This organization had all the elements of a good WPV prevention program in place yet failed to execute and train staff resulting in a significant exposure to risk for this organization.
How do we train our staff on WPV prevention?
Violence prevention and active shooter training have become just one topic in an ever-expanding universe of mandatory training topics most workforces must cover. There is a cost to this training not only in the development and acquisition of curriculum but in the actual labor hours required to attend such training. A typical annual training load includes WPV prevention, workplace safety, diversity equity and inclusion, sexual harassment, and other industry-specific topics such as electrical safety, fire safety, bloodborne pathogen training, and a potential multitude of other topics. This is costly to an organization and can also lead to “training fatigue” among staff.
The training issue has already come up in the wake of the Walmart shooting in Chesapeake VA, in November 2022. As the first lawsuits are filed, questions have been raised about the effectiveness of the existing training. According to one recently filed lawsuit, the shooter “repeatedly asked coworkers if they had received their active shooter training. When coworkers responded that they had,” the lawsuit said, the shooter “just smiled and walked away without saying anything.” This comment was not reported to management at the time.
When surveyed regarding their WPV/active shooter training, multiple Walmart employees described the training as “mediocre and inadequate.” One employee stated, “The issues with the training are abundant, we watch the same video all the time. It has become a meme.”
Organizations should supplement mandated training with actual discussions led by a manager during employee meetings. It is not enough to watch a video about active shooter response. A trained manager should discuss active shooter response with their employees, walking them through how to respond, and locating exits while actually walking through the protocol articulated in the policy. This will reinforce management’s commitment to workplace safety while reinforcing the video-based curriculum.
Typically, most training of this type is delivered in e-learning format, most e-learning curriculum has a life span of between three to five years before requiring an update.
Can we make our training more impactful by considering this shelf life when developing the curriculum?
Should our workplace violence prevention training be developed with several presentations of the same content that can be delivered on alternating training cycles to keep the material fresh?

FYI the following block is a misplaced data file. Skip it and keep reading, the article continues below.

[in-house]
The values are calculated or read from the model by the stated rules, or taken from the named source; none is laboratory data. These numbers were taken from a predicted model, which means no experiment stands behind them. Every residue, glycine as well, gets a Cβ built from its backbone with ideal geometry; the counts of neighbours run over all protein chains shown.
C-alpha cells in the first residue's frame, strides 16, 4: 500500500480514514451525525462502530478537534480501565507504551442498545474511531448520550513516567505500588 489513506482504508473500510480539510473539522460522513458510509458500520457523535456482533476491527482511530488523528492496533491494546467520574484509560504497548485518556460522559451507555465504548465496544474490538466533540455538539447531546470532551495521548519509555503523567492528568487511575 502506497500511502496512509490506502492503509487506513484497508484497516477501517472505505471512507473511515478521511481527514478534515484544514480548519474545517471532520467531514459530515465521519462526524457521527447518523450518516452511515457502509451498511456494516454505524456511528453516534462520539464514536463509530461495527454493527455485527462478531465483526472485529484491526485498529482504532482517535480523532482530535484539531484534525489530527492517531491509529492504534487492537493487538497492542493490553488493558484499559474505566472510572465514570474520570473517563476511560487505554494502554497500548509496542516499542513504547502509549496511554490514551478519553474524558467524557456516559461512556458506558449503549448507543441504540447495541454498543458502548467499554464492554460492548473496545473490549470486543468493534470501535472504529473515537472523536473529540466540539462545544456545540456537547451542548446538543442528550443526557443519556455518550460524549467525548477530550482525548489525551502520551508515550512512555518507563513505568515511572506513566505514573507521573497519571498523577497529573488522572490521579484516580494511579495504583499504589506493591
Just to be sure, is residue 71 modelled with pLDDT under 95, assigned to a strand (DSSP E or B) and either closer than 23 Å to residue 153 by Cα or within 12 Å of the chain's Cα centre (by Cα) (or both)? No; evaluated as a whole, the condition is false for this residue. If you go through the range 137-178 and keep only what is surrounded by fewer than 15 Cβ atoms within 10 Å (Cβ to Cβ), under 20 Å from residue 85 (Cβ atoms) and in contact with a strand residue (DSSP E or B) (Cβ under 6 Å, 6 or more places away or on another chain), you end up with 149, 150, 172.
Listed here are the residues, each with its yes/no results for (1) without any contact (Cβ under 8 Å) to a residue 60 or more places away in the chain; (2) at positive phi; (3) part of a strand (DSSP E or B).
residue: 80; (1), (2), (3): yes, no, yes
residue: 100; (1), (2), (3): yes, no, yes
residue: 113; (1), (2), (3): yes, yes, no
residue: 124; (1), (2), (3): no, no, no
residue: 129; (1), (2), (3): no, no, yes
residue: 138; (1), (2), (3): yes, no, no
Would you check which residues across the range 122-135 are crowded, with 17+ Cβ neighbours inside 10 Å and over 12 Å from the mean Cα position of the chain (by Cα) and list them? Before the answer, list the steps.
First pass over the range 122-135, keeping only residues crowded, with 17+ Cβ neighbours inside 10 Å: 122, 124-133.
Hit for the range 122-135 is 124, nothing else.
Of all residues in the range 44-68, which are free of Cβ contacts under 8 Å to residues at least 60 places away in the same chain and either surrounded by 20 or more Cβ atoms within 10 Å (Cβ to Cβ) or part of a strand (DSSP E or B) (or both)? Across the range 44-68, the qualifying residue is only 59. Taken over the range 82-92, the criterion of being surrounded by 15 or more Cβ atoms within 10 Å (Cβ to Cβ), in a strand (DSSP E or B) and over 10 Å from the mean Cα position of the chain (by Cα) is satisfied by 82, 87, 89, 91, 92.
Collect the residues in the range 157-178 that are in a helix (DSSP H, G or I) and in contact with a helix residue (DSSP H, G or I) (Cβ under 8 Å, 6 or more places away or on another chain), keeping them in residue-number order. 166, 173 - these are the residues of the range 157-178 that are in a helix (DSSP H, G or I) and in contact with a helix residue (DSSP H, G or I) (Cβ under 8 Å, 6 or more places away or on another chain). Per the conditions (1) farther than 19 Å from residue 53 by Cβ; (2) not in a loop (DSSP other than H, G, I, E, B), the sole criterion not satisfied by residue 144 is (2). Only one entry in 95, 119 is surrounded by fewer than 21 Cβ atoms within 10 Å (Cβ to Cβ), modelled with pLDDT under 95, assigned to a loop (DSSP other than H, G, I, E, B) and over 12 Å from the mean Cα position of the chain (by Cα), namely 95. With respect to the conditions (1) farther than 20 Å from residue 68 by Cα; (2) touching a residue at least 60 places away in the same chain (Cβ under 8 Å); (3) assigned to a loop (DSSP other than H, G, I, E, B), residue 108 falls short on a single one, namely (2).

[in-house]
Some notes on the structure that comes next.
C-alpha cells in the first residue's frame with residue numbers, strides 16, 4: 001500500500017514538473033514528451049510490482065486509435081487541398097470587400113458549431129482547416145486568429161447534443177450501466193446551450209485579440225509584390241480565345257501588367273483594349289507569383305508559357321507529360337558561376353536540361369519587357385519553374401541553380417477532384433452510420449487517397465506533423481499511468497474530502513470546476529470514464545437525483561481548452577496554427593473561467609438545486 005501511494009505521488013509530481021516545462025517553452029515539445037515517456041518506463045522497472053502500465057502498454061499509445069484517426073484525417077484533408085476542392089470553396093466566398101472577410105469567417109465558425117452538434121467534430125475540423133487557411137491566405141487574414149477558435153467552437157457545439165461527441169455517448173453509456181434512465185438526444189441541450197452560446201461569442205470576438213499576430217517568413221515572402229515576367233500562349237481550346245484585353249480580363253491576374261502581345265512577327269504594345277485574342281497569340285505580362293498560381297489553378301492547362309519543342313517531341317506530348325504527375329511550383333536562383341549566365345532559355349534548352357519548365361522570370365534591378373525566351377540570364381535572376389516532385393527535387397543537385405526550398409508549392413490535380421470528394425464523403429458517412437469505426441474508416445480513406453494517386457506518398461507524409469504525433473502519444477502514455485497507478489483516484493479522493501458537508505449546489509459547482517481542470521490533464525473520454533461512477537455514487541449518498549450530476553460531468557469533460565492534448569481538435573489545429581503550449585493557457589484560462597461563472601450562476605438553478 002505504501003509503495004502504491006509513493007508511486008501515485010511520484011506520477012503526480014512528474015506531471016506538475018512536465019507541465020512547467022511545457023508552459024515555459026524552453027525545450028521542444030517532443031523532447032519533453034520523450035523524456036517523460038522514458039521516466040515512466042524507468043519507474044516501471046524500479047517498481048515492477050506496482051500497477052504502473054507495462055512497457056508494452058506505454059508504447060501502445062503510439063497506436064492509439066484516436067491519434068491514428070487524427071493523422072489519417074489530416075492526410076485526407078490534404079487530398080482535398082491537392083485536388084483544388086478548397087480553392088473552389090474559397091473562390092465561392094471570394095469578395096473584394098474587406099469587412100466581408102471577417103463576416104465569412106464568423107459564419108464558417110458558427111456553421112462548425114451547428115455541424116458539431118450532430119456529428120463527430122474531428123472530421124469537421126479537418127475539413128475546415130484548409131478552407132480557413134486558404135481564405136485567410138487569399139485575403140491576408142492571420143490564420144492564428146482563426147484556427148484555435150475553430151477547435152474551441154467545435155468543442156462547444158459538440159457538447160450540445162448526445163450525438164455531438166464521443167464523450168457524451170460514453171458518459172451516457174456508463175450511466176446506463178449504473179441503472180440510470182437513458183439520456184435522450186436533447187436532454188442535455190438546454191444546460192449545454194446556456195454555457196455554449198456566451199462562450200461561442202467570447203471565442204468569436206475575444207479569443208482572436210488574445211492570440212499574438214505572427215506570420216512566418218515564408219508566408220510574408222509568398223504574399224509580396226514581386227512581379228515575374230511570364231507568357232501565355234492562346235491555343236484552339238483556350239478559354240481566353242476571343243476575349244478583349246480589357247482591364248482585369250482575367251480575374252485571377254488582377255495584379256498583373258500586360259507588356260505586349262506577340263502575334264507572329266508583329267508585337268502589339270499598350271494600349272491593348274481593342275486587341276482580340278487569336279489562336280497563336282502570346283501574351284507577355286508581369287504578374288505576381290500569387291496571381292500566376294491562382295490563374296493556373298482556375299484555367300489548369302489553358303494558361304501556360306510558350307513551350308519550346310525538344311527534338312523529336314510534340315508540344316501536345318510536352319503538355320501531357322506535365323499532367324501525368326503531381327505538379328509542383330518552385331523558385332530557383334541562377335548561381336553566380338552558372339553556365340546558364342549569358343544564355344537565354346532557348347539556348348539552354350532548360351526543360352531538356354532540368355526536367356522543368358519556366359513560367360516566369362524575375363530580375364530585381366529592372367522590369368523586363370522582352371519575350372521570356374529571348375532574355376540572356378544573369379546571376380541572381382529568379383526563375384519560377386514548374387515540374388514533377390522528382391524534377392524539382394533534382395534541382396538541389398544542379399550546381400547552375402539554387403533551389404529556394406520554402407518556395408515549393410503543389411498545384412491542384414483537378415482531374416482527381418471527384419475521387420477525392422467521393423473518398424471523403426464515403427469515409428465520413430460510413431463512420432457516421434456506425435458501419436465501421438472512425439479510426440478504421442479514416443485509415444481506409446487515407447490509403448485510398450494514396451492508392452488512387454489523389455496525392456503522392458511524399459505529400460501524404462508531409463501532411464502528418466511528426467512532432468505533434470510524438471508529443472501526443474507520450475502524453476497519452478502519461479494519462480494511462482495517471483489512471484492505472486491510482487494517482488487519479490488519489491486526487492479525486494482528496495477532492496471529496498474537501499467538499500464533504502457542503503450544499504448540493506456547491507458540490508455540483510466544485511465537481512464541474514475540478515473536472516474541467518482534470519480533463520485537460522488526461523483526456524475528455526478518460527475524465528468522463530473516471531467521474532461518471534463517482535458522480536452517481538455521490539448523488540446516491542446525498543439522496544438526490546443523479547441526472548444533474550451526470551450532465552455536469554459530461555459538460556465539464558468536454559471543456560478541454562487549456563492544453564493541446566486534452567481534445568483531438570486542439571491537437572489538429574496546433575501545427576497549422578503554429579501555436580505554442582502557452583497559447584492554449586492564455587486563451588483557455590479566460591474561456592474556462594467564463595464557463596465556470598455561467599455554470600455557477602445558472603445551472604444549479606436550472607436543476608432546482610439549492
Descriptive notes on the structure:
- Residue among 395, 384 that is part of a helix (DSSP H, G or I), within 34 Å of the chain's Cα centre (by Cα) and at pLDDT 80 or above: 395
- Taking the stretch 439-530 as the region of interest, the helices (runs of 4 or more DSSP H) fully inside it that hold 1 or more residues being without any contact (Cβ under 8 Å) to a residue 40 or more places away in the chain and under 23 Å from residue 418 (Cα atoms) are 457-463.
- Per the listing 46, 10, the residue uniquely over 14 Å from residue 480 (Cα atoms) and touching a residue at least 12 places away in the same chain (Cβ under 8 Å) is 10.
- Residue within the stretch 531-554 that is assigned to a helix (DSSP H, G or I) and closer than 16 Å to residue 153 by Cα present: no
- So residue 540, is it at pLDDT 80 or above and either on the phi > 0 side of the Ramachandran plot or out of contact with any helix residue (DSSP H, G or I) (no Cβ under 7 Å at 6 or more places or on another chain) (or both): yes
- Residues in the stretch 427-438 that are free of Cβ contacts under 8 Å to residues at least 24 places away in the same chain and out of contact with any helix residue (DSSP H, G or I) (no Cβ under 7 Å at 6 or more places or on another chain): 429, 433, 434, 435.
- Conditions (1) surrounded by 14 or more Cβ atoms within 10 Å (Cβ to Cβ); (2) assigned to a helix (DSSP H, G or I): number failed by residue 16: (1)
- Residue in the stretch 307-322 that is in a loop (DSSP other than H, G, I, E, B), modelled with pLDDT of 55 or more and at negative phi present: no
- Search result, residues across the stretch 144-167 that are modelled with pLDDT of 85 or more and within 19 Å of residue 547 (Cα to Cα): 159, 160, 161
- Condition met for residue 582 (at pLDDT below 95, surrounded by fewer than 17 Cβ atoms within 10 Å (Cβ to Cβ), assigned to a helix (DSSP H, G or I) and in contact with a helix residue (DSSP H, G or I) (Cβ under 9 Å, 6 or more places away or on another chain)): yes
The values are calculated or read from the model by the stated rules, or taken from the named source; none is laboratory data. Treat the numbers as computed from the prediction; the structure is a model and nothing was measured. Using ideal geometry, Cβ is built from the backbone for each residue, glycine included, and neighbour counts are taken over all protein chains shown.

Build a culture of collaboration
Our firm has helped organizations from many business sectors develop and implement WPV prevention plans to include the selection and training of TMTs. Many organizations view WPV prevention as a linear process, that is the first line supervisor “handles” the problem until they can no longer do so then the matter is referred to the TMT. In many cases, this is too late. A TMT should be viewed as yet another resource in a supervisor’s management toolbox.
In our discussions with first line managers, many report reluctance to reach to their organization’s TMT for help fearing this will be perceived as their inability to handle a problem with their employees. Organizations must realize that a successful threat management program involves collaboration at all levels. To use a common cliché from the world of mental health therapy, asking for help is not a sign of weakness; it is a sign of strength. Organizations should foster a collaborative and consultative relationship between supervisors, Human Resources, and their TMT.
Another point of concern frequently noted in our review of WPV prevention programs is the tendency of organizations to conflate progressive disciplinary actions with threat management interventions. These are two distinctly different actions that are not mutually exclusive. Simply put progressive discipline focuses on what the employee did whereas a threat assessment focuses on what an employee might do. Management, in concert with Human Resources can and should appropriately initiate progressive disciplinary measures regarding workplace threats. Concurrently the organization’s TMT should conduct an assessment, develop a plan, and apply interventions designed to prevent the employee in question from continuing along the Pathway to Violence. These two complementary efforts, progressive discipline and threat management, must be implemented in close coordination.
Do we train our supervisors and managers to implement a workplace violence plan in their worksites?
How do we create a culture of collaboration between first-line supervisors and managers, Human Resources, Security, and our Threat Management Teams?
It is one thing to have written policy or plan to address workplace violence, but have we trained and empowered first line supervisors and managers to implement these plans?